Climate Activists Charged for Smearing Paint on Display Case of ‘Little Dancer Aged Fourteen’

Climate protesters are arrested after smearing paint on the case that houses Edgar Degas&#
Ellie Silverman/The Washington Post via Getty Images

A federal grand jury indicted a pair of climate activists on Wednesday for smearing paint on the display case holding Edgar Degas’s sculpture ‘Little Dancer Aged Fourteen’ at Washington, DC’s National Gallery of Art. 

Timothy Martin and Joanna Smith and a group of unnamed conspirators allegedly entered the museum on April 27 at 11:30 a.m. to make a political statement on climate change by spreading paint on the “case, base and floor” of the exhibit, according to unsealed documents.  

The group from Declare Emergency had allegedly researched potential targets within the museum. They also notified a member of the press of their intended actions. Martin and Smith allegedly poured the paint from water bottles onto the display case while the co-conspirators videotaped and took photos. 

Martin and Smith’s action caused $2,400 in damages, and the exhibit was removed for repairs for ten days, Art News reported.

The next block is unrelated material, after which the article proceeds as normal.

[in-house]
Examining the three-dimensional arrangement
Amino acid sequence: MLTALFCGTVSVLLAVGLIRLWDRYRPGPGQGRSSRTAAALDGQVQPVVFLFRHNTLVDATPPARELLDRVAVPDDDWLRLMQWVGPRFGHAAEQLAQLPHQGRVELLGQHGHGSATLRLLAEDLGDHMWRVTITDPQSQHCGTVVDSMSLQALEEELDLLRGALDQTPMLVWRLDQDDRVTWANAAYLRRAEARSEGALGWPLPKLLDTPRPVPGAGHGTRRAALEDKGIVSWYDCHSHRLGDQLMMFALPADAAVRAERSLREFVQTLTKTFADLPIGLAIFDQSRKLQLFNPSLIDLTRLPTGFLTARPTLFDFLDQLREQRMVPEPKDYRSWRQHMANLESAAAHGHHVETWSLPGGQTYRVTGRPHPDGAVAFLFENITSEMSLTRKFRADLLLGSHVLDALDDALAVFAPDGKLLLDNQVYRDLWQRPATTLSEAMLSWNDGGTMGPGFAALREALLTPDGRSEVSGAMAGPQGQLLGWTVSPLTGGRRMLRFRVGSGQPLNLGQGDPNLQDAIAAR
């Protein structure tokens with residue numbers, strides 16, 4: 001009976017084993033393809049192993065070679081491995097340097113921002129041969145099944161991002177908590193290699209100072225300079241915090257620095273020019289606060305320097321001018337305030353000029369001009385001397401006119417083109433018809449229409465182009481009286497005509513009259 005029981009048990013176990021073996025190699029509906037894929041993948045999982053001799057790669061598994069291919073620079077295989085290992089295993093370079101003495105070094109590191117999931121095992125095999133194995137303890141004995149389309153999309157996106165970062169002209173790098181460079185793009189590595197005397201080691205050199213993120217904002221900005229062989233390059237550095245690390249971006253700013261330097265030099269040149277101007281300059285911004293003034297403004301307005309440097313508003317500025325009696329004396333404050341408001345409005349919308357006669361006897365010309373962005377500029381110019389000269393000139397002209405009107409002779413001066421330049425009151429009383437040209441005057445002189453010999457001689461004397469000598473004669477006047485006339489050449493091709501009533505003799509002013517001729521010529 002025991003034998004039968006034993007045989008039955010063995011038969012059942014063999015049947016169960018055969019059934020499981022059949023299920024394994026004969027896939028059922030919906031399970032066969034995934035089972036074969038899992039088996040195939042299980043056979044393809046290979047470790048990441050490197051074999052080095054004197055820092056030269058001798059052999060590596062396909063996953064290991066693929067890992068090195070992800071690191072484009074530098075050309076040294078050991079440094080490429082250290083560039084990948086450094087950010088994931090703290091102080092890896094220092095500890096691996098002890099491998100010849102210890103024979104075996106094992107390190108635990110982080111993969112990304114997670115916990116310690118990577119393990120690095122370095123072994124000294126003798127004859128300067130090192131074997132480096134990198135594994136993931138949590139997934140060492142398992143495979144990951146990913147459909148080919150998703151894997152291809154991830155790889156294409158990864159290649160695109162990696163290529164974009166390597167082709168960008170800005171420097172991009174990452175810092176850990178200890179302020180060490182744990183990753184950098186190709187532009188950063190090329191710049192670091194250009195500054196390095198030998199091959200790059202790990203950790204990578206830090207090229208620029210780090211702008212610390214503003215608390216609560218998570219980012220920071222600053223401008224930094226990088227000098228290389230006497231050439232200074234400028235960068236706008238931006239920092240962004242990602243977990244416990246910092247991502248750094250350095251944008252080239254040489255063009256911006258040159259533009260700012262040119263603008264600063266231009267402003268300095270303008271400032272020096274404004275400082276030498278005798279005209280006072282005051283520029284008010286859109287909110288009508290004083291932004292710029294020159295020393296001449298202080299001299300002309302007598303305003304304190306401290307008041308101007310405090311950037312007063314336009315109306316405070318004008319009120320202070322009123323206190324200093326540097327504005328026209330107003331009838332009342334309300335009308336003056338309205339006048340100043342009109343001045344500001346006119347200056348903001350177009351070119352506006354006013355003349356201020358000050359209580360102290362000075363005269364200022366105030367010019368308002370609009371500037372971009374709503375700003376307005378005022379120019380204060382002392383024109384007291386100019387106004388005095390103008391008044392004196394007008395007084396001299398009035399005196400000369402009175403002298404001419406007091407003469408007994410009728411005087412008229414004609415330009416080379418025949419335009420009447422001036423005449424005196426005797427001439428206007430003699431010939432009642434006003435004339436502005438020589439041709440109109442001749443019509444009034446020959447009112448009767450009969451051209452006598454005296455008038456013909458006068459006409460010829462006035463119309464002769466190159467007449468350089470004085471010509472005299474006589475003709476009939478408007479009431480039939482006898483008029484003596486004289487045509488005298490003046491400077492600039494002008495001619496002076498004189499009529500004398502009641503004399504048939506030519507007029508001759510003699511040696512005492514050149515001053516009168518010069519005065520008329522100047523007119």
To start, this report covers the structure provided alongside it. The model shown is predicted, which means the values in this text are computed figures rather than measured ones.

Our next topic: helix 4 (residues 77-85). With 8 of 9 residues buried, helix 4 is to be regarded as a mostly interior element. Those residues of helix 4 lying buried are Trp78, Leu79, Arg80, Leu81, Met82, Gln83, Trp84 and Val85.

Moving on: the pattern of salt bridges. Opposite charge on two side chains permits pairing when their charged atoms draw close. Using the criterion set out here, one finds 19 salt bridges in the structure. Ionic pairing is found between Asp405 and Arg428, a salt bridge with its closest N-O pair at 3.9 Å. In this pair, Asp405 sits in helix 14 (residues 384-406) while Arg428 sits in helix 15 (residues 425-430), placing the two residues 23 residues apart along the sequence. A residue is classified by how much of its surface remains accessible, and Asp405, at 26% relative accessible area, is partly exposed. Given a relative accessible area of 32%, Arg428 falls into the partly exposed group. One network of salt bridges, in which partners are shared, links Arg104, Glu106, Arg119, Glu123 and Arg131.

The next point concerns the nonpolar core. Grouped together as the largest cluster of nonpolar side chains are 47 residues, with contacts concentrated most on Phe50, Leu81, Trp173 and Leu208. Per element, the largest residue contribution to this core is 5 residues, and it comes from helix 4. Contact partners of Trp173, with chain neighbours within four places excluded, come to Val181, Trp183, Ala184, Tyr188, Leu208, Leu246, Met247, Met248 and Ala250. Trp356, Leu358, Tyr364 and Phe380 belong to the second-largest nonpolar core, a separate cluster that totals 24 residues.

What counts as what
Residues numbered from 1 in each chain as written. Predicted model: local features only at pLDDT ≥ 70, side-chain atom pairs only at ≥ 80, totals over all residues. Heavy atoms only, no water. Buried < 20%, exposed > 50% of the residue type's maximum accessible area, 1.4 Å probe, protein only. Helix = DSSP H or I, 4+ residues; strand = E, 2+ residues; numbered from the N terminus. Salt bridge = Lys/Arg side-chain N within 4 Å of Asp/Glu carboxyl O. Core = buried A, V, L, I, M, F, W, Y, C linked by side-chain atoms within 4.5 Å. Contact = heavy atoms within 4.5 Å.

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Declare Emergency released a statement the day of the incident. The group intended for President Joe Biden “to declare a climate emergency and halt all fossil fuel extraction/infrastructure on Federal and Indigenous lands.”

Today, in non-violent rebellion, we have temporarily sullied a piece of art to evoke the real children whose suffering is guaranteed if the death-cult fossil fuel companies keep removing new coal, oil, and gas from the ground. As a parent, I cannot abide this future. This little dancer is protected in her climate controlled box, but people, animals, and ecosystems currently struggling and dying in extreme weather events are not. President Biden must marshal all necessary resources towards a just transition via an Executive Declaration of Climate Emergency. At the same time, his Administration must cease issuing new drilling permits, and end all fossil fuel subsidies. And ordinary people in great numbers must join us in our call for these actions. We will not be condemned to collapse.

Martin and Smith surrendered themselves on Friday. They are both charged with “conspiracy to commit an offense against the United States” and “injury to National gallery of Art property.” If they are convicted they could face up to five years in prison and a $250,000 fine.


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